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Health Highlights: July 18, 2005

Guidant Recalls Thousands of Pacemakers Checkup Finds Cheney Has Esophagitis Illinois Expands Import Drug Program Quitting Smoking Could Save Your Teeth S.C. Nuclear-Weapons Plant Didn't Harm Residents: Report

Here are some of the latest health and medical news developments, compiled by the editors of HealthDay:

Guidant Recalls Thousands of Pacemakers

Guidant Corp., which last month recalled some 108,000 heart defibrillators, said Monday that it's now recalling at least 28,000 pacemakers that are still implanted in patients worldwide. A sealing component may degrade over time, allowing excess moisture that could dangerously affect the pacemakers' performance, the Indianapolis company said.

About 78,000 of these devices were implanted overall, including 18,000 still implanted in patients in the United States, the company said in a statement. The average implant age of these older devices is 69 months, and the risk of the problem occurring tends to increase over time, Guidant said. The products haven't been sold or implanted for four years.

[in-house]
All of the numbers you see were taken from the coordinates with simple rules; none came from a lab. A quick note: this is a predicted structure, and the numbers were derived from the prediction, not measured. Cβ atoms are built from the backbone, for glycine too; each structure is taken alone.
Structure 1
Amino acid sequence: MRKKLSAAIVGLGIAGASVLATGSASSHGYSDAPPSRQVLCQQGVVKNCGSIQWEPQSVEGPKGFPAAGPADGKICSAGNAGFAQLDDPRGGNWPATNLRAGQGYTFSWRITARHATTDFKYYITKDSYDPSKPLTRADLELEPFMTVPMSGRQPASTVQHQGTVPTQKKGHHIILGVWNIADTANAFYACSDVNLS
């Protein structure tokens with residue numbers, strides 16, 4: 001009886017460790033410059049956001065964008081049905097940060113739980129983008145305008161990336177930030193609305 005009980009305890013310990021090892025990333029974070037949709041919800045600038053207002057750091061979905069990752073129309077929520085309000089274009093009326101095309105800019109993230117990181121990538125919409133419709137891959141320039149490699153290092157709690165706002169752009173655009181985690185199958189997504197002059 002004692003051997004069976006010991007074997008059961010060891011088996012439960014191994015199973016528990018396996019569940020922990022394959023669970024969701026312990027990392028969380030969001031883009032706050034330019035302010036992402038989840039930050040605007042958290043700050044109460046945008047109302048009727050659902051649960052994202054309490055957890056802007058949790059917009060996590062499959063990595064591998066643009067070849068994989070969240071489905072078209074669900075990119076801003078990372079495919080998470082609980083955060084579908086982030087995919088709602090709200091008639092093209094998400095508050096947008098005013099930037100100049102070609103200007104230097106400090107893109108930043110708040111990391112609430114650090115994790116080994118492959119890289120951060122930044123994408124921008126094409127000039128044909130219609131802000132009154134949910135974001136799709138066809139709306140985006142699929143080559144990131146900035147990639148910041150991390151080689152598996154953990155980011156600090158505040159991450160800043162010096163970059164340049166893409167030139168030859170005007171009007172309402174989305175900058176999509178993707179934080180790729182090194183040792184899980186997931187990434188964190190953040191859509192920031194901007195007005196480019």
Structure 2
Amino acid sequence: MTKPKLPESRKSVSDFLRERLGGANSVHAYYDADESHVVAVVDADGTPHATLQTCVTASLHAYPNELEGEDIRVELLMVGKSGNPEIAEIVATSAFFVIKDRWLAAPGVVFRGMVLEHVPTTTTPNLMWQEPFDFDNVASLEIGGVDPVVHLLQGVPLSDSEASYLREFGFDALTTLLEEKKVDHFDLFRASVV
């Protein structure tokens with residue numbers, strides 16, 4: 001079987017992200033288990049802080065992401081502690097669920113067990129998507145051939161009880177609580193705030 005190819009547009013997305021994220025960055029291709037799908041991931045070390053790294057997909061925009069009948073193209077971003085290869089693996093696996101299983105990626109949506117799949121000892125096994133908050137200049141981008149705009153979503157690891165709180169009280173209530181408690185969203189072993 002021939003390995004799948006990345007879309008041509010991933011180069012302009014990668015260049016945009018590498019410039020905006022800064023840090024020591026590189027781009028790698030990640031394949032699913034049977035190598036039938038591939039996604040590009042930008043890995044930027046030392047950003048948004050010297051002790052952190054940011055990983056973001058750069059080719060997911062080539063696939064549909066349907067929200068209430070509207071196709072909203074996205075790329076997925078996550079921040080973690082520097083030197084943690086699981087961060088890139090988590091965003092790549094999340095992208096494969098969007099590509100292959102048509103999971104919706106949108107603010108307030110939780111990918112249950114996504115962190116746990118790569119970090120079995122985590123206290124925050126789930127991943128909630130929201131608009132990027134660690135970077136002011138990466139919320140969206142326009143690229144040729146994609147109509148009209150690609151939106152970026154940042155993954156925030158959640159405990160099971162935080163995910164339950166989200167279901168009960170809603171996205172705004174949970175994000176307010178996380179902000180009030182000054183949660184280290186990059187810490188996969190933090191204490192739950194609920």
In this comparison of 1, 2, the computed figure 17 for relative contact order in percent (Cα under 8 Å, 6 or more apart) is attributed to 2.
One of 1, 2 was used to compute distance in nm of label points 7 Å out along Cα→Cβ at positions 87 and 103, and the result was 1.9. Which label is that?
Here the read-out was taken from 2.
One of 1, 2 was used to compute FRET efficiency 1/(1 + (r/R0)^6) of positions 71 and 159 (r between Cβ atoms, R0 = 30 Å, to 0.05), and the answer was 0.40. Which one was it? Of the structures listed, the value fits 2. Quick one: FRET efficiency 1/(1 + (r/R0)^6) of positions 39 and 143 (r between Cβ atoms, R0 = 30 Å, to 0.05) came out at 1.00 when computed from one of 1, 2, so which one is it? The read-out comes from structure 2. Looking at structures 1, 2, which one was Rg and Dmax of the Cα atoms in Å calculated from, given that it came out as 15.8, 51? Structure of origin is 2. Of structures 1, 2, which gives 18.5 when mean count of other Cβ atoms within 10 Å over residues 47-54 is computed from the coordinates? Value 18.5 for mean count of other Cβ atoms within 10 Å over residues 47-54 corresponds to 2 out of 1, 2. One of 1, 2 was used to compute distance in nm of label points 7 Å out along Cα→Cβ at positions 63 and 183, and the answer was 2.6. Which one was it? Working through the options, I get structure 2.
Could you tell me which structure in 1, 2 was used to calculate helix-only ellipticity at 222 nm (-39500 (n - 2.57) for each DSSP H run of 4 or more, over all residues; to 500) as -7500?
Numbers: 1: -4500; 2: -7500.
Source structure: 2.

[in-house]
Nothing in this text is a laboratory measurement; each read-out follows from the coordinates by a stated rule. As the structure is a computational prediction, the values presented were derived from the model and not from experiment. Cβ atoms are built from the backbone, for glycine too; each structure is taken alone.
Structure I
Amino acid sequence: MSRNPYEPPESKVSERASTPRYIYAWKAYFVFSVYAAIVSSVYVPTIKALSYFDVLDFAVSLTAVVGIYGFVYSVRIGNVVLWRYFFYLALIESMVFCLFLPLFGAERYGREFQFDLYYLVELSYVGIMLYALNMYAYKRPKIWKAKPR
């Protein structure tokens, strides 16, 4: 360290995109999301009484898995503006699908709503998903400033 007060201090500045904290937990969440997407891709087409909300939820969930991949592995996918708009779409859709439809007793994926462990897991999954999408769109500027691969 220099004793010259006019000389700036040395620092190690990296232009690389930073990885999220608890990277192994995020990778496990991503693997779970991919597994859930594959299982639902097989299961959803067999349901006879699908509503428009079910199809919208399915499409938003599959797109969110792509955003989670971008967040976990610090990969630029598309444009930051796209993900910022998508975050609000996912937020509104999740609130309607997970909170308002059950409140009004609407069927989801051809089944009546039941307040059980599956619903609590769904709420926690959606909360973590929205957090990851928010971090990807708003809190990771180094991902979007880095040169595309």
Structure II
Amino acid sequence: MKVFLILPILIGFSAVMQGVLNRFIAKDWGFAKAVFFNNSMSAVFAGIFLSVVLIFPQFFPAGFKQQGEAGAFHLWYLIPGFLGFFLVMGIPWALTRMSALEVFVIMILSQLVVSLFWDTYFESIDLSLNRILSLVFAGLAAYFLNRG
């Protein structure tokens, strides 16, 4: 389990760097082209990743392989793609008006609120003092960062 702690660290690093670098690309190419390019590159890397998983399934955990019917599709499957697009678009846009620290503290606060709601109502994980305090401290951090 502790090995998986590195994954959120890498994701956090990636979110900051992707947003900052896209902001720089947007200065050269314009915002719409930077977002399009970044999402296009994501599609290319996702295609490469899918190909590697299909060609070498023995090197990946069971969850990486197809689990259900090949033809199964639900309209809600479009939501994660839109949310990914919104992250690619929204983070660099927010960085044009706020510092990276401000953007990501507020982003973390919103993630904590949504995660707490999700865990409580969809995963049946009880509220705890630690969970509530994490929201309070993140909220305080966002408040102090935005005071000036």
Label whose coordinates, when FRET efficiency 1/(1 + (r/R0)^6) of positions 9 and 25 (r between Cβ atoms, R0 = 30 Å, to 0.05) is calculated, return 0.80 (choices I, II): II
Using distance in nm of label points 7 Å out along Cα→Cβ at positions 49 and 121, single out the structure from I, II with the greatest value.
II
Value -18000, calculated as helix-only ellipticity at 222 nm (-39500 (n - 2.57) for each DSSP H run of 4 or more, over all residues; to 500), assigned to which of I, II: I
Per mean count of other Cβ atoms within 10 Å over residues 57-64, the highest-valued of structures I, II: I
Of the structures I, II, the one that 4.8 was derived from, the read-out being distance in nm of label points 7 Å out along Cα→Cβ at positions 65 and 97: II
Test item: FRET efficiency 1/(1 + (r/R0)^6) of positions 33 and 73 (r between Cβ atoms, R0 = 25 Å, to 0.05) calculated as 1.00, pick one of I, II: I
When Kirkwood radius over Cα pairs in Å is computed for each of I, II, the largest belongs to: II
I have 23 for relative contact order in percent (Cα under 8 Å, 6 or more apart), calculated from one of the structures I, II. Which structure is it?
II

As of July 11, Guidant said it had identified 69 devices that are likely to have experienced this problem -- none coming before 44 months of service. Several patients whose pacemakers failed have lost consciousness and may have developed heart failure, the company said.

Guidant said doctors should consider replacing the pacemakers in patients who are dependent on the devices. And patients should seek medical help immediately if they notice shortness of breath, dizziness, lightheadedness, or a prolonged feeling of a fast heart rate.